About six months ago I started doing the One Hundred Pushups and Two Hundred Situps training plans. (The situp name is a bit of a misnomer, in that they’re really curl-ups or crunches since actual “situps” — the type most of us learned as kids — are not all that great for your body.) Although I started on paper, I quickly found that the iPhone apps were much more useful than I originally suspected. I thought they were just to keep track of your day-to-day logs. Where the apps really excel is during the exercising itself. They keep track of what set you are on (you do 5 sets of varying numbers of situps/pushups) as well as timing your delay between sets.
I kept this up until I had what I thought was a freaky medical occurrence. At a time pretty far into the training (I had exceeded 100 pushups each day, but was just barely 50% of the way into the 200 situp routine), my chest unexpectedly “popped” — loudly and painfully. That caused me to back off for several weeks to a month. It actually turned out to be something relatively minor — not common, but also not uncommon. For some people, the cartilage connection between the sternum and the collarbone is looser than other peoples’. It basically meant my chest popped in much the same way you’d crack a knuckle or that your knee can occasionally pop when standing up. It doesn’t happen to everyone, but between the yoga I have done for years and the pushups, it loosened the muscles and opened things up enough to cause that surprising pop. I now get that pop once every day or two, but without the pain or surprise. It’s just the way my body works now. It’s more loose and things shift around and pop.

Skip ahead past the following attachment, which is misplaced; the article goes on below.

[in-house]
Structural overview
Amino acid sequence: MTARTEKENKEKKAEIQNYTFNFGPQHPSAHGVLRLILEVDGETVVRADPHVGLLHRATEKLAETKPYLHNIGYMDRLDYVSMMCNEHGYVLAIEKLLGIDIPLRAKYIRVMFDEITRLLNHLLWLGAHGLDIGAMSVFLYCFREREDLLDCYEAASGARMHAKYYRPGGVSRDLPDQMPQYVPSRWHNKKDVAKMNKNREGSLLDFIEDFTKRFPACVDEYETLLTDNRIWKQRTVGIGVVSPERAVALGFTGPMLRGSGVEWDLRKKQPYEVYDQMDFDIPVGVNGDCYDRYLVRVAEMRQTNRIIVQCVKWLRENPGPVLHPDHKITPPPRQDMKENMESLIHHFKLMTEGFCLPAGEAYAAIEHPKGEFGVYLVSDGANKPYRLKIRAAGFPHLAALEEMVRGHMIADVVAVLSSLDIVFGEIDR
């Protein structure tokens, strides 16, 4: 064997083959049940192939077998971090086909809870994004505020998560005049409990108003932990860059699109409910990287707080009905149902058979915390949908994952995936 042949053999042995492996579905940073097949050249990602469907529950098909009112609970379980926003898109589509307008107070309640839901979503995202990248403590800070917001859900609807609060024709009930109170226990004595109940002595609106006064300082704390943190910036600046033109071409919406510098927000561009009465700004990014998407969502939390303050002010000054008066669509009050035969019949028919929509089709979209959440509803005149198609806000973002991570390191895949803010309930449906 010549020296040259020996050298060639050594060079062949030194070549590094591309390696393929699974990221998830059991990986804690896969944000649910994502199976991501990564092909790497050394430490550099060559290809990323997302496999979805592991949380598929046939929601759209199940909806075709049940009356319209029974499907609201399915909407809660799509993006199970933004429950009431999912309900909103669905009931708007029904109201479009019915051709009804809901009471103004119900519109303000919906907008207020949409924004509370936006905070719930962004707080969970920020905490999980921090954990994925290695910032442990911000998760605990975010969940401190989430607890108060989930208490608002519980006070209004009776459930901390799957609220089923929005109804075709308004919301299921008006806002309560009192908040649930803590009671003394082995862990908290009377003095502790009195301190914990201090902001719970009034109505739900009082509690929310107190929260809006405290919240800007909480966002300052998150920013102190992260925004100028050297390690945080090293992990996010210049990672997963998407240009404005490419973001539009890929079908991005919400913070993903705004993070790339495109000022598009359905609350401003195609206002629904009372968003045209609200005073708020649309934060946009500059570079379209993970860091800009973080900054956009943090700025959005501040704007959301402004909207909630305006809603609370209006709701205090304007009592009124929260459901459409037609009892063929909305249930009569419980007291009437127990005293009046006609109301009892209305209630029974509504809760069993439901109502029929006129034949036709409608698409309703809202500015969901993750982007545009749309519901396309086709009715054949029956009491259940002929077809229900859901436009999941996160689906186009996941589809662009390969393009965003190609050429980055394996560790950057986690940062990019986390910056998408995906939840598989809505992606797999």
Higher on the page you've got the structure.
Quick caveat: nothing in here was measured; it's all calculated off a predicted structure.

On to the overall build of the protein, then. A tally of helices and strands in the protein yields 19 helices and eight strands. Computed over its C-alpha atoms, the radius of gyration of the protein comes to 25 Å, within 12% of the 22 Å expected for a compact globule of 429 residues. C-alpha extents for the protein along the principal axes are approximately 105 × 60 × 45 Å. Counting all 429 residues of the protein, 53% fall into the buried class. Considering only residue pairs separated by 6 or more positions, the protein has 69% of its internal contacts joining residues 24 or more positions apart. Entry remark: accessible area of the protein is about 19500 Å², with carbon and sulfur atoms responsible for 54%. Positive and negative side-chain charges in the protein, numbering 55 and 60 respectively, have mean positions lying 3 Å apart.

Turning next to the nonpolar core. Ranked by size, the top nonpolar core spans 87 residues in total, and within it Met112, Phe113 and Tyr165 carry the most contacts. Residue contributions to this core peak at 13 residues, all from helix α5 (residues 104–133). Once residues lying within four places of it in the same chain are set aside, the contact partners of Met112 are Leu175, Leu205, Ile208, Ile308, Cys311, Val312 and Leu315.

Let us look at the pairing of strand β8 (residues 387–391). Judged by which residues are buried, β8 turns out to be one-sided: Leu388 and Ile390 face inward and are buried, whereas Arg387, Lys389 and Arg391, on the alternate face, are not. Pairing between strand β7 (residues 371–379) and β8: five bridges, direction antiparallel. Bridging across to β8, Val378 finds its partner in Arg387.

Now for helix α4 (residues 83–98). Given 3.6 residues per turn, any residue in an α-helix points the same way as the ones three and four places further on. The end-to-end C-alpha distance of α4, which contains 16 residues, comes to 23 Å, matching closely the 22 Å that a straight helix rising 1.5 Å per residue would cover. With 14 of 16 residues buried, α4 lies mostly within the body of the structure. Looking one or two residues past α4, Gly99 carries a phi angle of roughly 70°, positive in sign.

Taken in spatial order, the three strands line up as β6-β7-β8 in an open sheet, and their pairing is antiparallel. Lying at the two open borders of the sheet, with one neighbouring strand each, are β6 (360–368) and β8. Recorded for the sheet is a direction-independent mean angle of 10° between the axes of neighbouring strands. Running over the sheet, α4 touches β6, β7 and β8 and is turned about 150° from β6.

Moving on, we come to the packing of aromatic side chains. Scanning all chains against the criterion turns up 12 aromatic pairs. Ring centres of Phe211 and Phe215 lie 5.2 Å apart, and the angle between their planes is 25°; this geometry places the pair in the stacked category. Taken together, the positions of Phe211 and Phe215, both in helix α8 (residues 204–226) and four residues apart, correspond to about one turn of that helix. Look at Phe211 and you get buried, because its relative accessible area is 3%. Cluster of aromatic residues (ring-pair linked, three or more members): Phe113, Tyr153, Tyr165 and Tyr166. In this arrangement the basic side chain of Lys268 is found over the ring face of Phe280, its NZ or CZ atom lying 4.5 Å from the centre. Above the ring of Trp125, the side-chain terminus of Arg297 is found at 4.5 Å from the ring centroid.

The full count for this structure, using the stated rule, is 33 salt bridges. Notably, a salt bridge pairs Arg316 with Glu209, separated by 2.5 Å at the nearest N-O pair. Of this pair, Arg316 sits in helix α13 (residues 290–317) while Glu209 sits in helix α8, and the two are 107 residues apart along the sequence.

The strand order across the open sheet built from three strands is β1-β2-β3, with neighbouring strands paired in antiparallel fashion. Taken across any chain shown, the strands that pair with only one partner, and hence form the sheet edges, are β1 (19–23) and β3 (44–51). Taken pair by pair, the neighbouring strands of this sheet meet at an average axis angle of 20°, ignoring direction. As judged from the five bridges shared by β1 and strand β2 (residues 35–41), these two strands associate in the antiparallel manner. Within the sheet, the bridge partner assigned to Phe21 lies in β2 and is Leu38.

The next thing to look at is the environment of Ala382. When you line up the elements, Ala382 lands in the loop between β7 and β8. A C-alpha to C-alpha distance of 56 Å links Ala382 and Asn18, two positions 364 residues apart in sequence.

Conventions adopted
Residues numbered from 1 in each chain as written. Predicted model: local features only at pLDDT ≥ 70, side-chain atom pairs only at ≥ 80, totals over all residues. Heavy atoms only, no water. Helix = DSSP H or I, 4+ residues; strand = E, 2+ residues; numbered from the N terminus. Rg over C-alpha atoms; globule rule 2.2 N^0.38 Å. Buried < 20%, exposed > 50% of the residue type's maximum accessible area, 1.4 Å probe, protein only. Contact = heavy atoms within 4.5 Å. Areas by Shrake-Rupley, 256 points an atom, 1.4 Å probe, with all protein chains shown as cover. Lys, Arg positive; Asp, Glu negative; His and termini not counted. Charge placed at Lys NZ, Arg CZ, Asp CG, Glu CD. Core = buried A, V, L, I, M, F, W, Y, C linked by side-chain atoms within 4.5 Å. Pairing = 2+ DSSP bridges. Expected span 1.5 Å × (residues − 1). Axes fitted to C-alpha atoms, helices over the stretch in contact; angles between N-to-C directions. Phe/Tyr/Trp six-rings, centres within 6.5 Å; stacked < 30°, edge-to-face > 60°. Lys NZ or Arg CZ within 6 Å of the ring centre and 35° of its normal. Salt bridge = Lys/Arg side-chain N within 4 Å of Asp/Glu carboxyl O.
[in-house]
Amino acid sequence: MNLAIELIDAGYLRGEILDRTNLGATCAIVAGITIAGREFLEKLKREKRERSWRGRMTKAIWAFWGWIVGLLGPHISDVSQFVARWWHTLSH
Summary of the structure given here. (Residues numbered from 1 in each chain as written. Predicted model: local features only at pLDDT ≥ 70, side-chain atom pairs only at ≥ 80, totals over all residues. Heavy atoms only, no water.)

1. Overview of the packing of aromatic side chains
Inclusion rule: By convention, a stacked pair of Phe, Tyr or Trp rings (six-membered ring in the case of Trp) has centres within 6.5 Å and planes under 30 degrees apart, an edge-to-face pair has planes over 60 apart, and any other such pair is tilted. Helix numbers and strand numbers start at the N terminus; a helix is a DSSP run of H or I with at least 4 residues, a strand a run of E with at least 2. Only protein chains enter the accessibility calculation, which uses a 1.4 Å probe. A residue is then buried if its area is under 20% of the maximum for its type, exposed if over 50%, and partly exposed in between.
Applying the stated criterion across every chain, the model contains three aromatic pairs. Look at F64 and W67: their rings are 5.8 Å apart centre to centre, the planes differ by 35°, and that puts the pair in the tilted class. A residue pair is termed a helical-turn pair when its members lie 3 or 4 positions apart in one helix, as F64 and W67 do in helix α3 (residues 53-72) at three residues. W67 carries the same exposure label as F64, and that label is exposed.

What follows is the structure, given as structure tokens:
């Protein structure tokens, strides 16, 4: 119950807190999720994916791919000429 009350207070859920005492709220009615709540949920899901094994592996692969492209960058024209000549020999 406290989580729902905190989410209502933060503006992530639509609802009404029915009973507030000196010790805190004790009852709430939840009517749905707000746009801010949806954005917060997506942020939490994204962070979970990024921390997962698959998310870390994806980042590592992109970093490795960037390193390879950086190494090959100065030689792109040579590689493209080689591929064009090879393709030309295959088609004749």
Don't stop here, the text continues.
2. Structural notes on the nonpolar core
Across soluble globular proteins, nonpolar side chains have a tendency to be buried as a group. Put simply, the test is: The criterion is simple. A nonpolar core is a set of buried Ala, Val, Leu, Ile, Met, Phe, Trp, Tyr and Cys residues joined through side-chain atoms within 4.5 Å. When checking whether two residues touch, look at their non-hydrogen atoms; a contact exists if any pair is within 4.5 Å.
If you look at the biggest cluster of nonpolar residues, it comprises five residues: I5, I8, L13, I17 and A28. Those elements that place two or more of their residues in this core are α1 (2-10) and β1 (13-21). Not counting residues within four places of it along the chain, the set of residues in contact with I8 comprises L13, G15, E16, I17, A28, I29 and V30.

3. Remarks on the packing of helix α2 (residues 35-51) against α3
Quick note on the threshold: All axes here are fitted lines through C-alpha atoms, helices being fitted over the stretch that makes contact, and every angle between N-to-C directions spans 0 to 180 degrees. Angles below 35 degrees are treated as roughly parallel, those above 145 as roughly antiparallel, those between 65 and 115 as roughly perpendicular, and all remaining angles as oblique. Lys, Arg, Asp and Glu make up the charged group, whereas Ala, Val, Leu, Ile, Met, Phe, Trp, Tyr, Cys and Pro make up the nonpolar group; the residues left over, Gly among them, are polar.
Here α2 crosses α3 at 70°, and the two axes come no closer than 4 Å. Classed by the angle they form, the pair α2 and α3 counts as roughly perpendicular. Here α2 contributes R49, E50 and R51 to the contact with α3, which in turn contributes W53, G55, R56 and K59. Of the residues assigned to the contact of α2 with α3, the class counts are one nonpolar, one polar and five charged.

I recently restarted the pushup/situp routine. Although I am still using the iPhone apps, I am no longer using them to spam Facebook and/or Twitter with my daily reports. This blog post will act as my one-time spam letting friends and family know that I’m back on the routine (and encouraging all of you to give it a try, too!). The pushups seem easier this time around, but those curls are still as difficult as ever.